[PMC free article] [PubMed] [Google Scholar] 18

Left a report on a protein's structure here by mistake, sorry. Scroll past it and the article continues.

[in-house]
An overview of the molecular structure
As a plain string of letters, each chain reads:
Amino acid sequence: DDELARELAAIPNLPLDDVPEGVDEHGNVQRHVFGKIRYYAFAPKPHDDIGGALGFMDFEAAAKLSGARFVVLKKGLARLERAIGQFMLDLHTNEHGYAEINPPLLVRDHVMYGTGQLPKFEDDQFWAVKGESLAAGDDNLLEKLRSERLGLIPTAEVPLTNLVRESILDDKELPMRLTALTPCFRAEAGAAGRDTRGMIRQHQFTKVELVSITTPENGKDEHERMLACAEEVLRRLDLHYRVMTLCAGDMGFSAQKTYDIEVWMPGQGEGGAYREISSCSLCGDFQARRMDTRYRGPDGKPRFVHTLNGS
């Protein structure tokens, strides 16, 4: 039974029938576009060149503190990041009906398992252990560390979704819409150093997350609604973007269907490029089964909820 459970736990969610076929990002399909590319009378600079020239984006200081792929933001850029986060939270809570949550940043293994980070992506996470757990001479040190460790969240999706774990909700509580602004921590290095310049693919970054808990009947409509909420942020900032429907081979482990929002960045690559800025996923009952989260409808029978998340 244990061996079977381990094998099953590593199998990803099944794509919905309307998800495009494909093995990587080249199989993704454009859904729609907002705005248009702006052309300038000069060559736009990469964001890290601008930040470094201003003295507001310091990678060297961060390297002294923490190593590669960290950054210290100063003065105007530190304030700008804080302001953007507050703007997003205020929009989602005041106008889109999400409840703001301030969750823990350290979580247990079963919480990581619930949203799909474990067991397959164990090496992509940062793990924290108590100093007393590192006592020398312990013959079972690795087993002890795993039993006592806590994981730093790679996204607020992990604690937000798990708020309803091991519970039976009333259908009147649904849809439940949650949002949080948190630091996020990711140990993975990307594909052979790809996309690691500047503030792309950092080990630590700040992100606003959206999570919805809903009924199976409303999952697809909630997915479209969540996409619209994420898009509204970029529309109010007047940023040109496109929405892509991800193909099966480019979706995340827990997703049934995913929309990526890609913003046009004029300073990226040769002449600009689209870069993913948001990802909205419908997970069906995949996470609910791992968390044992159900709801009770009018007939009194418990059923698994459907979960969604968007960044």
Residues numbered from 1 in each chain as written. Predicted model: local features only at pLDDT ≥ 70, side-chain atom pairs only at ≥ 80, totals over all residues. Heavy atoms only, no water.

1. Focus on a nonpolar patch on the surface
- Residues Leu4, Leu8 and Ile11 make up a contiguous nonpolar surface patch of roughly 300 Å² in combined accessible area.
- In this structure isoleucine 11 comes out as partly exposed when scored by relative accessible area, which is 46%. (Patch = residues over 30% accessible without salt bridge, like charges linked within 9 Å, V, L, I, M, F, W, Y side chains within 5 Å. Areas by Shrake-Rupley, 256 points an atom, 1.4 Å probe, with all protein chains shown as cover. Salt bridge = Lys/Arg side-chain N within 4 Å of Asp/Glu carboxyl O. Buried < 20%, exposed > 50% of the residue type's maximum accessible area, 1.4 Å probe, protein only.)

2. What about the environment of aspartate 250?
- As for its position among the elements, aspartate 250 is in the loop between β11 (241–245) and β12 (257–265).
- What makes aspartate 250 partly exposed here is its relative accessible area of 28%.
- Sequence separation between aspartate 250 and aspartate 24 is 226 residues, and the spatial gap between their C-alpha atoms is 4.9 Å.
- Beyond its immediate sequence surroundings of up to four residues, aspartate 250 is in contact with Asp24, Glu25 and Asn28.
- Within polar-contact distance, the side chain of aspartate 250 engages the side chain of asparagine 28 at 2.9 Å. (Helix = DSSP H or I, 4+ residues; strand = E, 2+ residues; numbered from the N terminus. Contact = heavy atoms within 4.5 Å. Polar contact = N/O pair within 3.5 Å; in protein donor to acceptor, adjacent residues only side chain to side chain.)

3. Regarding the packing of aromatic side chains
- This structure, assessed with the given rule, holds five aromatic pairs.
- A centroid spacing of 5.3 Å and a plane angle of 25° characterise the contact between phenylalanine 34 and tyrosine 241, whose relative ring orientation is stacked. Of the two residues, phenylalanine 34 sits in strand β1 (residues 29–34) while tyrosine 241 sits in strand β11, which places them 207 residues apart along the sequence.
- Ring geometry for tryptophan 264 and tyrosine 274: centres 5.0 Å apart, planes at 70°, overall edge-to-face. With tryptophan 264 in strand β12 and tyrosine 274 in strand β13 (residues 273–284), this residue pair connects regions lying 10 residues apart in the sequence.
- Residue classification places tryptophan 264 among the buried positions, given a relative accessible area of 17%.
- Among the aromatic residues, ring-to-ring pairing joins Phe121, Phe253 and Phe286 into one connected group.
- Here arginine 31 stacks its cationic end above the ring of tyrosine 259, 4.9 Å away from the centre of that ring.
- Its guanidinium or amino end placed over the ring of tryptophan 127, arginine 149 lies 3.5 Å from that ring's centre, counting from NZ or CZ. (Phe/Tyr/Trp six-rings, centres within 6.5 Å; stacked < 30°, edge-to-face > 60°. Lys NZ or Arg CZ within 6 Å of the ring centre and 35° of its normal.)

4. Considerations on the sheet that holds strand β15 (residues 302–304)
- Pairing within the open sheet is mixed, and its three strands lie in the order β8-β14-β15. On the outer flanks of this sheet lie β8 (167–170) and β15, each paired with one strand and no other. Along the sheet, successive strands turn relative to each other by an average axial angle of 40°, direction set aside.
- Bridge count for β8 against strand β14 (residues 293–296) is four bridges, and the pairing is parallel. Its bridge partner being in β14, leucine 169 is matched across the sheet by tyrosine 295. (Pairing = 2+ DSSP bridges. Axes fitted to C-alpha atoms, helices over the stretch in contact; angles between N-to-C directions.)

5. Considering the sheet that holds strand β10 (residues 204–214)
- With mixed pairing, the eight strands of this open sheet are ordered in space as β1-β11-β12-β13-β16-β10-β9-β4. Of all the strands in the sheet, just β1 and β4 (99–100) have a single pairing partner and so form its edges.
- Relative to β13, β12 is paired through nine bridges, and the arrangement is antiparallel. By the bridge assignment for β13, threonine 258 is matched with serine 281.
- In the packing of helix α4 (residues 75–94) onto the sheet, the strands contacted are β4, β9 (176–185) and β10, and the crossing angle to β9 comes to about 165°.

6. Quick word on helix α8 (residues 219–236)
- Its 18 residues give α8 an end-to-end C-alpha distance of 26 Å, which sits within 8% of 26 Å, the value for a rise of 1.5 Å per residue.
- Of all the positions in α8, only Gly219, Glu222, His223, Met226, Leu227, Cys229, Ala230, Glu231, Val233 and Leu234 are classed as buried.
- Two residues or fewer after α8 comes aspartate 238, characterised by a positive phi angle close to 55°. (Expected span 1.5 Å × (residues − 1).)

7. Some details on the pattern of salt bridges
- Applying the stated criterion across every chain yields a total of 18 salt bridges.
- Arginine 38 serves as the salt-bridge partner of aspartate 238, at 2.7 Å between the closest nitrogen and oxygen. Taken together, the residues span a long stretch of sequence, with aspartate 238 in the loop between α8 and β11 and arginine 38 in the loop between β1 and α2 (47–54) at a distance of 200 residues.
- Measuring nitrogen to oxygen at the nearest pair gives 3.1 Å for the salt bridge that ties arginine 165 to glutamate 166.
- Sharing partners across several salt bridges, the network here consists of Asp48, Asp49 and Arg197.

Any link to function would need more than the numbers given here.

[PMC free article] [PubMed] [Google Scholar] 18. Abdominal computed tomography (CT) revealed evidence of small bowel inflammation. The pain subsided with bowel rest. She continued to experience occasional, mild abdominal pain for the next two years, during which time skin lesions improved in appearance but by no means resolved entirely. At age 54, the patients abdominal symptoms worsened with near-weekly severe bouts of pain for 2 C 3 months. Abdominal CT showed changes suggestive of inflammation in the duodenum and proximal jejunum with surrounding mesenteric excess fat stranding. Exploratory laparoscopy revealed common lesions on the surface of the liver, peritoneum, and large and small bowel; these were comparable in appearance to the lesions on her skin. This episodic abdominal pain was accompanied by the development of 10 C 20 painful new skin lesions and intermittent right-sided paresthesias of the arm and lower leg. Head and neck MRI were go through as normal, failing to reveal any neurological defects. Electrocardiogram revealed asymptomatic atrial fibrillation; echocardiogram showed moderate tricuspid regurgitation deemed to be clinically insignificant. Already on daily 81 mg aspirin, the patient was additionally prescribed twice daily apixaban 5 mg and metoprolol 25 mg to reduce the risk of thromboembolic complications. Family history was significant for cerebrovascular accidents in both parents. There was no family history of skin or gastrointestinal disease. Approximately 5 years after disease onset, the patient was seen in the NIH dermatology medical center for further assessment. Physical Examination Skin examination at the NIH showed numerous porcelain white, irregularly shaped, pinpoint to 6 C 8 mm atrophic papules on the body 6-Thio-dG with sparing of the face and neck. A distinct rim of intense erythema with telangiectasias IgG2b Isotype Control antibody (FITC) characterized all lesions. 6-Thio-dG Smaller lesions were present around the thenar and hypothenar aspect of the palms. In several areas, including the stomach, back, and proximal thighs, adjacent lesions created larger atrophic plaques (Fig. 1). A dark red, irregular 4 mm papule with slight overlying level was noted around the left medial knee. Open in a separate window Open in a separate window Physique 1 Malignant atrophic papulosis. (A) Porcelain white, irregularly shaped atrophic papules and plaques with erythematous, 6-Thio-dG telangiectatic rim around the stomach. (B) Close-up view of atrophic papules. Dermatopathology Histopathologic examination of a skin punch biopsy specimen obtained from the left medial knee revealed focal lichenoid dermatitis with hyperkeratosis, thickened basement membrane, superficial and deep perivascular chronic inflammation, hemosiderin deposition, and increased dermal mucin (Fig. 2). No vascular immune complexes were seen on direct immunofluorescence. Open in a separate window Open in a separate window Physique 2 Dermatopathology of malignant atrophic papulosis. Lichenoid dermatitis with hyperkeratosis, patchy lymphocytic infiltrate, hemosiderin deposition, increased dermal mucin, and colloid body in the superficial dermis. (A) H&E, 40; (B) H&E, 400). Significant Diagnostic Studies Laboratory studies were significant for the following: white blood cell count 3.04 K/L (reference range, 3.98 C 10.04 K/L), platelet count 165 K/l (173 C 369 K/L), and complete lymphocytes 0.71 (1.18 C 3.74 K/uL). Lupus anticoagulant, anti-nuclear antibody, anti-double-stranded DNA, and anti-extractable nuclear antigen panel were normal. IgM anti-cardiolipin antibody was 14 MPL (0 C 12 MPL); C3 and C4 match 6-Thio-dG were at the lower limit of normal. Assessments for erythrocyte sedimentation rate, high-sensitivity C-reactive protein, fibrinogen, D-dimer, lactate dehydrogenase, immunoglobulins, and liver function were normal. Lipid panel was significant for total cholesterol of 229 mg/dL, LDL of 142 mg/dL, triglycerides of 212 mg/dL, and HDL of 45 mg/dL. PT, PTT, and INR were unremarkable with normal von Willebrand and Factor VIII activity. Electrocardiogram showed sinus rhythm and was within normal limits. Echocardiogram revealed a mildly dilated left atrium and the presence of atrial fibrillation. There was no evidence of pulmonary hypertension. Diagnosis Adult-onset malignant atrophic papulosis/systemic Degos disease (OMIM #602248). Follow-up After the patients exploratory laparoscopy revealed widespread visceral involvement, intravenous eculizumab 990 mg weekly for four weeks followed by 1200 mg every other week was added to her ongoing drug regimen. At the time of her evaluation at NIH, the patient had been treated with eculizumab for 6 months. She reported resolution of abdominal symptoms within 2 weeks of initiation of eculizumab with the exception of an isolated episode of pain.